“Show me what you got, you cocky little fucker,” a coach says to an 11-year-old Zlatan Ibrahimović in this adaptation of the Swedish footballer’s 2011 autobiography. It could quite easily serve as the I Am Zlatan‘s unofficial film tagline: the origin story of one of the sporting world’s self-proclaimed superhumans whose overt arrogance and unshakeable self-belief feeds his reputation as an outspoken but widely adored maverick.
It’s hardly surprising, then, that Jens Sjögren’s film opts to focus largely on the struggles – the confrontations and controversy – of this colourful, charismatic character. From a screenplay penned by Jakob Beckman and the book’s co-author David Lagercrantz, it’s a decision that proves more than a little shrewd. I Am Zlatan, a welcome deviation from the familiar sport movie formula, largely avoids the cliché-ridden pitfalls that have come to define the genre, and is all the more compelling for it.
While its structure is hardly novel – chronicling the rise of Sweden’s all-time record goalscorer from humble beginnings as the son of Balkan immigrants in the Rosengård district of Malmö to his high-profile transfer to Italian giants Juventus in 2004 – in opting to shift the focus to its subject’s off-field antics, Sjögren’s movie becomes something deeper and more interesting. Disruptive at school, talented but temperamental on the pitch, the film explores Zlatan’s poverty-stricken childhood and dysfunctional family life not as a tool to push the rags-to-riches tale but to instead examine how his environment ultimately shaped him. How the anger and survival instinct helped mould him into Zlatan the player and indeed Zlatan the personality.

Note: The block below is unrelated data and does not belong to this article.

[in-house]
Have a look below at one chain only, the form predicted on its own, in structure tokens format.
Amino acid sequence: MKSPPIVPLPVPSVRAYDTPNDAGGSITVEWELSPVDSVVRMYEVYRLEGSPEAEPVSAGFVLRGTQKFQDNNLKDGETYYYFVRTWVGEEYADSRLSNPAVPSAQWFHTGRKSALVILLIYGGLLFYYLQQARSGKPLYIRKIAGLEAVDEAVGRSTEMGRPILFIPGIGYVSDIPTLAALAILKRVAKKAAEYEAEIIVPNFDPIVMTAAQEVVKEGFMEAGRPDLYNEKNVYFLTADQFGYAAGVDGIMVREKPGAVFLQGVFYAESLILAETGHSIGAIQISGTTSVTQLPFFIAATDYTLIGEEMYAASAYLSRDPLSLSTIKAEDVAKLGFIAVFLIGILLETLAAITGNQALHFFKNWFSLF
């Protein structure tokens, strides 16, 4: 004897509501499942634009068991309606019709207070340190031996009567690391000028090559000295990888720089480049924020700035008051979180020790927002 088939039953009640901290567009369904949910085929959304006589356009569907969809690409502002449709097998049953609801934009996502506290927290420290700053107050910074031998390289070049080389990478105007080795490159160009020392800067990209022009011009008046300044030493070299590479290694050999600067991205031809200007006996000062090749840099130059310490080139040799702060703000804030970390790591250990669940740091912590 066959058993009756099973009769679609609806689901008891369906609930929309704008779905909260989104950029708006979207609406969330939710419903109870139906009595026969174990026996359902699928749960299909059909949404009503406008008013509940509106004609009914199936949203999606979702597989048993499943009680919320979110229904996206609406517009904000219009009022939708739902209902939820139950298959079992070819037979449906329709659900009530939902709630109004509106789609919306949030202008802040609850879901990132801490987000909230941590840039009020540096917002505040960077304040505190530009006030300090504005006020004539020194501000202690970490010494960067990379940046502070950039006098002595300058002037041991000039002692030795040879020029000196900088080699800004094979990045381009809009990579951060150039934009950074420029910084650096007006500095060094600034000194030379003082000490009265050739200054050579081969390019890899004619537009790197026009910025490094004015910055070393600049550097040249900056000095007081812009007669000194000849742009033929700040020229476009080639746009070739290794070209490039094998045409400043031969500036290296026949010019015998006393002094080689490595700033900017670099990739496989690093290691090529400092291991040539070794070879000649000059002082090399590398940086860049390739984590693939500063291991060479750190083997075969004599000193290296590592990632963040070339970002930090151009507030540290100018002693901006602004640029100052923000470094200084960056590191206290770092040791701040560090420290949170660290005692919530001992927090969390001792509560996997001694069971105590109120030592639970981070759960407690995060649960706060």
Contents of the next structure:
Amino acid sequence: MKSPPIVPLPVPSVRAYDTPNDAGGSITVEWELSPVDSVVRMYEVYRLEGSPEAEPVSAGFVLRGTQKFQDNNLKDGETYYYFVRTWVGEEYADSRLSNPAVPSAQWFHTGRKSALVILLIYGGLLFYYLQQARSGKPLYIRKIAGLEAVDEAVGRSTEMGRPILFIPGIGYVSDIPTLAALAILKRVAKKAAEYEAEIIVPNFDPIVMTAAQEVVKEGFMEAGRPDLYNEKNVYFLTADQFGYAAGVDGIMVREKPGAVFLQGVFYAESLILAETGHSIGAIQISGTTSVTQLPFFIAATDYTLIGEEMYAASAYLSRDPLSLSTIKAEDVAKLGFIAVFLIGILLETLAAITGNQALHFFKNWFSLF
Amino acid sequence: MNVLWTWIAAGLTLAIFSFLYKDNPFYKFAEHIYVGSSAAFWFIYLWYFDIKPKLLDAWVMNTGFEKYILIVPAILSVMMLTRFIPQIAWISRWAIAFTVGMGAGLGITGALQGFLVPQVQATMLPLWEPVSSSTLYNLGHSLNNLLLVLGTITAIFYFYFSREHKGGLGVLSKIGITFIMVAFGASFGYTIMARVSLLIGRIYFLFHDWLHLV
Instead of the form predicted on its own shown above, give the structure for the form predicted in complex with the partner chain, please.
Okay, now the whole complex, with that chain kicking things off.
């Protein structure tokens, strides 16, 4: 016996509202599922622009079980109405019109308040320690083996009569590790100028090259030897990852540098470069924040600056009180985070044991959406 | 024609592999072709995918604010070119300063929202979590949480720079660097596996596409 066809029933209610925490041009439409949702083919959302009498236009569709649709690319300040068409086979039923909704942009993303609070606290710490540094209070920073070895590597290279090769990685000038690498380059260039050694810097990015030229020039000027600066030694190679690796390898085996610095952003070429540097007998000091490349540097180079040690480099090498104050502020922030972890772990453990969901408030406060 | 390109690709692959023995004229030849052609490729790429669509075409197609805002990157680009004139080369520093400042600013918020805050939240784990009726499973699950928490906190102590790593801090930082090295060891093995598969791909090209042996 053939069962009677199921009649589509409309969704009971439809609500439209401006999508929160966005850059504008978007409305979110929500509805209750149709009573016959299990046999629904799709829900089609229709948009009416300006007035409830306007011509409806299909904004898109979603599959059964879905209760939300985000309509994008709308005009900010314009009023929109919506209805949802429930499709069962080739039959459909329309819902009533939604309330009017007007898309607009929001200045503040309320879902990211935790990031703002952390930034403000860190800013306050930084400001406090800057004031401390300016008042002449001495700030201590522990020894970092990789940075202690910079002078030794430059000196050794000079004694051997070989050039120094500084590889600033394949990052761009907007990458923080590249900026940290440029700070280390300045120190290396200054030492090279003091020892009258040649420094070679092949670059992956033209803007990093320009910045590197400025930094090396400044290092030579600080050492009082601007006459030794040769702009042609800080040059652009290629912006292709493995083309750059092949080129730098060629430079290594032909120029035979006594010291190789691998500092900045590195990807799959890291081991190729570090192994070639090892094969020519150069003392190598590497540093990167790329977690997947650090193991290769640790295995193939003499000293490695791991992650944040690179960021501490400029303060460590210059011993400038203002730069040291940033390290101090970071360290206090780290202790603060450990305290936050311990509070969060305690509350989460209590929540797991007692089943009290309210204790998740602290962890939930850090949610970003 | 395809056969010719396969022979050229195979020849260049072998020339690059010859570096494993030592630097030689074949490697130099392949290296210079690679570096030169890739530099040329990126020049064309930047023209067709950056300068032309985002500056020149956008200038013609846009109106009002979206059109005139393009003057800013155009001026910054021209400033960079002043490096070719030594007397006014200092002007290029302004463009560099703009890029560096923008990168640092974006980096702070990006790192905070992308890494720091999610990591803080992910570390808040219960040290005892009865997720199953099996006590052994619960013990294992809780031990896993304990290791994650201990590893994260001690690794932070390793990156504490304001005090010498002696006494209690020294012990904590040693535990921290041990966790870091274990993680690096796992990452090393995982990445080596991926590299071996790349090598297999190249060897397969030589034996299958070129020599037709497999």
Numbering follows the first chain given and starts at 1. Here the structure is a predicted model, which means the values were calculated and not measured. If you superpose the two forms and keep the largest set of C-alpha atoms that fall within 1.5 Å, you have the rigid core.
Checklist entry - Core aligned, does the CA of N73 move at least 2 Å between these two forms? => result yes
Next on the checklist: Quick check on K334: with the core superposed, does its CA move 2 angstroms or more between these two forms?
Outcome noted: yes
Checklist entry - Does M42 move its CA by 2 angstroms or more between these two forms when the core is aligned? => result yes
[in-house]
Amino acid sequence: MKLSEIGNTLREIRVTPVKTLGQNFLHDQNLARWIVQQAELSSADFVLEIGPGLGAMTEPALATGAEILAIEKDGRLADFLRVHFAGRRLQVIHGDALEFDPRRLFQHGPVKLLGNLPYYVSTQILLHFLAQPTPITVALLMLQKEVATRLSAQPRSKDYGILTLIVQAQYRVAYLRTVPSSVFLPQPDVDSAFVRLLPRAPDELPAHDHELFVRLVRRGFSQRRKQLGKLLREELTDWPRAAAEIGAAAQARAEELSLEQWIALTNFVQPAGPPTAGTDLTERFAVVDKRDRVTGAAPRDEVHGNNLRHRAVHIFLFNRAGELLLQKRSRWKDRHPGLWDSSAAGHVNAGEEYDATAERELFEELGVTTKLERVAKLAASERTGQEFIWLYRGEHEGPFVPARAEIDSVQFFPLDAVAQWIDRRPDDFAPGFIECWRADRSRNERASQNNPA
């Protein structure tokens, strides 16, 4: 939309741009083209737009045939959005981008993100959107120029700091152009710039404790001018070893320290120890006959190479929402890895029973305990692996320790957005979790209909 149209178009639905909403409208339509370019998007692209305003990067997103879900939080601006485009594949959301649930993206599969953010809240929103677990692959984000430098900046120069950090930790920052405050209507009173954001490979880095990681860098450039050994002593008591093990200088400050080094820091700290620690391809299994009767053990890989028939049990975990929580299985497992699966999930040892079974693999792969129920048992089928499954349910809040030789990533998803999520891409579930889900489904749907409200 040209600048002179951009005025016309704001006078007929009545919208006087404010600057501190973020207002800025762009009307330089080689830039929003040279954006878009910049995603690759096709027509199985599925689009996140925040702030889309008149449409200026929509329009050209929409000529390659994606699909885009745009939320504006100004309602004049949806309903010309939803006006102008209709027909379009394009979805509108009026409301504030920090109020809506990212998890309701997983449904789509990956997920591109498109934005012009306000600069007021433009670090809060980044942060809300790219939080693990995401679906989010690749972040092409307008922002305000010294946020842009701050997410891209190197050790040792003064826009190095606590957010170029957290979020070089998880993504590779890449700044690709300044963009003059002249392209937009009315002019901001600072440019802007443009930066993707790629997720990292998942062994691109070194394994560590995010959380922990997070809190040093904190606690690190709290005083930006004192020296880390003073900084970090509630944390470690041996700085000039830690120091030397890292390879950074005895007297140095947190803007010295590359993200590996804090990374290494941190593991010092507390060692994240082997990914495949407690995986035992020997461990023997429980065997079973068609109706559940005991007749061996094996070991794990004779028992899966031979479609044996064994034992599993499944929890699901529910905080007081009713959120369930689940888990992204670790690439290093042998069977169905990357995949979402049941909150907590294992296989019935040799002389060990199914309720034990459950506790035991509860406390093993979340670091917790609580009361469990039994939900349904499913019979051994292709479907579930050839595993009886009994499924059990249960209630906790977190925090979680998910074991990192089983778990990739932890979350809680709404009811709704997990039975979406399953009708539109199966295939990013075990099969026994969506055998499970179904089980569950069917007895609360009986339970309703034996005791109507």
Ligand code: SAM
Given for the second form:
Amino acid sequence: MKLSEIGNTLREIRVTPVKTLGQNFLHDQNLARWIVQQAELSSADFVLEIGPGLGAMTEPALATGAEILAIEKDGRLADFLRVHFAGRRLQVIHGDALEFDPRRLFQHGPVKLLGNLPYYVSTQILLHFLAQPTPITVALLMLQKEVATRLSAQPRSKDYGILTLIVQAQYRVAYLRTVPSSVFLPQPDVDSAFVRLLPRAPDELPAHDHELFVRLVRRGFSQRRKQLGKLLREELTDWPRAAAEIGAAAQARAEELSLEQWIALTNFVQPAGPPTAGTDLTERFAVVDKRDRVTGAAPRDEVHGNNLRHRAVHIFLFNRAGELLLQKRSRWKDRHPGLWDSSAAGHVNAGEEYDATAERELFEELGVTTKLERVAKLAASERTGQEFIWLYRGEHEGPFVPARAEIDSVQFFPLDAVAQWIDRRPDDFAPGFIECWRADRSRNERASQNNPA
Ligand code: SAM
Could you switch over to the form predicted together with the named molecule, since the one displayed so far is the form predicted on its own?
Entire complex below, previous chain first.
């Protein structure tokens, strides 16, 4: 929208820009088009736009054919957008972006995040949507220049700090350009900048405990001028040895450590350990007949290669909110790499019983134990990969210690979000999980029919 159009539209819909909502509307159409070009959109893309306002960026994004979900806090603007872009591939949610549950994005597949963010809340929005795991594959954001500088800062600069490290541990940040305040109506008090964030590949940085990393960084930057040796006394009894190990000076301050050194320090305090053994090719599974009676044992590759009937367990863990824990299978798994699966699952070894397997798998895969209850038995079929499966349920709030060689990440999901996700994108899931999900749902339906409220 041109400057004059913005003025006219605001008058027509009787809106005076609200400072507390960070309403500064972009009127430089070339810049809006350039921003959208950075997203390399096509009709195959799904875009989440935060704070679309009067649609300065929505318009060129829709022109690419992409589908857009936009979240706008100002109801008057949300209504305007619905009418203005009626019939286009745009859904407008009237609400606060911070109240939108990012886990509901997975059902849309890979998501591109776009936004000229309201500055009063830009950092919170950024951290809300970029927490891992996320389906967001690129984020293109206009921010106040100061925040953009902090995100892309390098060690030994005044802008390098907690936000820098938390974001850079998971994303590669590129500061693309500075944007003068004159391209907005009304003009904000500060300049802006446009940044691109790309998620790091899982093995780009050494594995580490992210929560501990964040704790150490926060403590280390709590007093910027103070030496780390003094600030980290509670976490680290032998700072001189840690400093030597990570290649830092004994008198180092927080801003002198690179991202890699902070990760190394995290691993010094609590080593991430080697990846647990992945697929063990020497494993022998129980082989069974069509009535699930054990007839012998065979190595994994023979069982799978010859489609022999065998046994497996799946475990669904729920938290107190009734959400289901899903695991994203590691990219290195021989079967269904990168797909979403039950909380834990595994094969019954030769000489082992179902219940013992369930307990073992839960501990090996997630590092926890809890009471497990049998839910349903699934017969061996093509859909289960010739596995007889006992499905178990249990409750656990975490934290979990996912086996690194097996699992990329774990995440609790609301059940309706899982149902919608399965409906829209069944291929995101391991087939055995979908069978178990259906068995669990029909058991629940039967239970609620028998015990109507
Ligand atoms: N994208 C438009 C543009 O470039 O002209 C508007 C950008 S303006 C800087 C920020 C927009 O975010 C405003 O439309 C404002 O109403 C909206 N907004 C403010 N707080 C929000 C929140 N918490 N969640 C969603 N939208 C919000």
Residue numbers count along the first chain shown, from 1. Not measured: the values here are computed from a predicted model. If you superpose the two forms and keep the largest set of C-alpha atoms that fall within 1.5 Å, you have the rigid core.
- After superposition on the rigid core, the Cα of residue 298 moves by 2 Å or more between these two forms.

Such intriguing storytelling is suitably matched by the performances of the film’s central duo. As the young Ibrahimović, Dominic Andersson Bajraktati dazzles. But it’s Granit Rushiti, playing Zlatan through his late teens and early twenties, who is most striking here. His performance, in which he meticulously captures his character’s mannerisms – the walk, the stance, the dry sense of humour – is made all the more impressive by the fact that Rushiti himself appears to be half-decent with a football at his feet. The sequences at Malmö’s training ground, however fleeting, are some of the most convincing and believable of any football film ever made.
It makes for a story that quickly becomes more than the sum of its parts: an incredibly watchable football film that, needless to say, is not really about football at all. Rather, I Am Zlatan serves as a captivating look at the fine line between success and failure, between hero and villain, and the truth that, sometimes, it takes only the most uncompromising attitude to make it to the very top.
Dir: Jens Sjögren (100 mins)
I Am Zlatan is out now in cinemas
words GEORGE NASH
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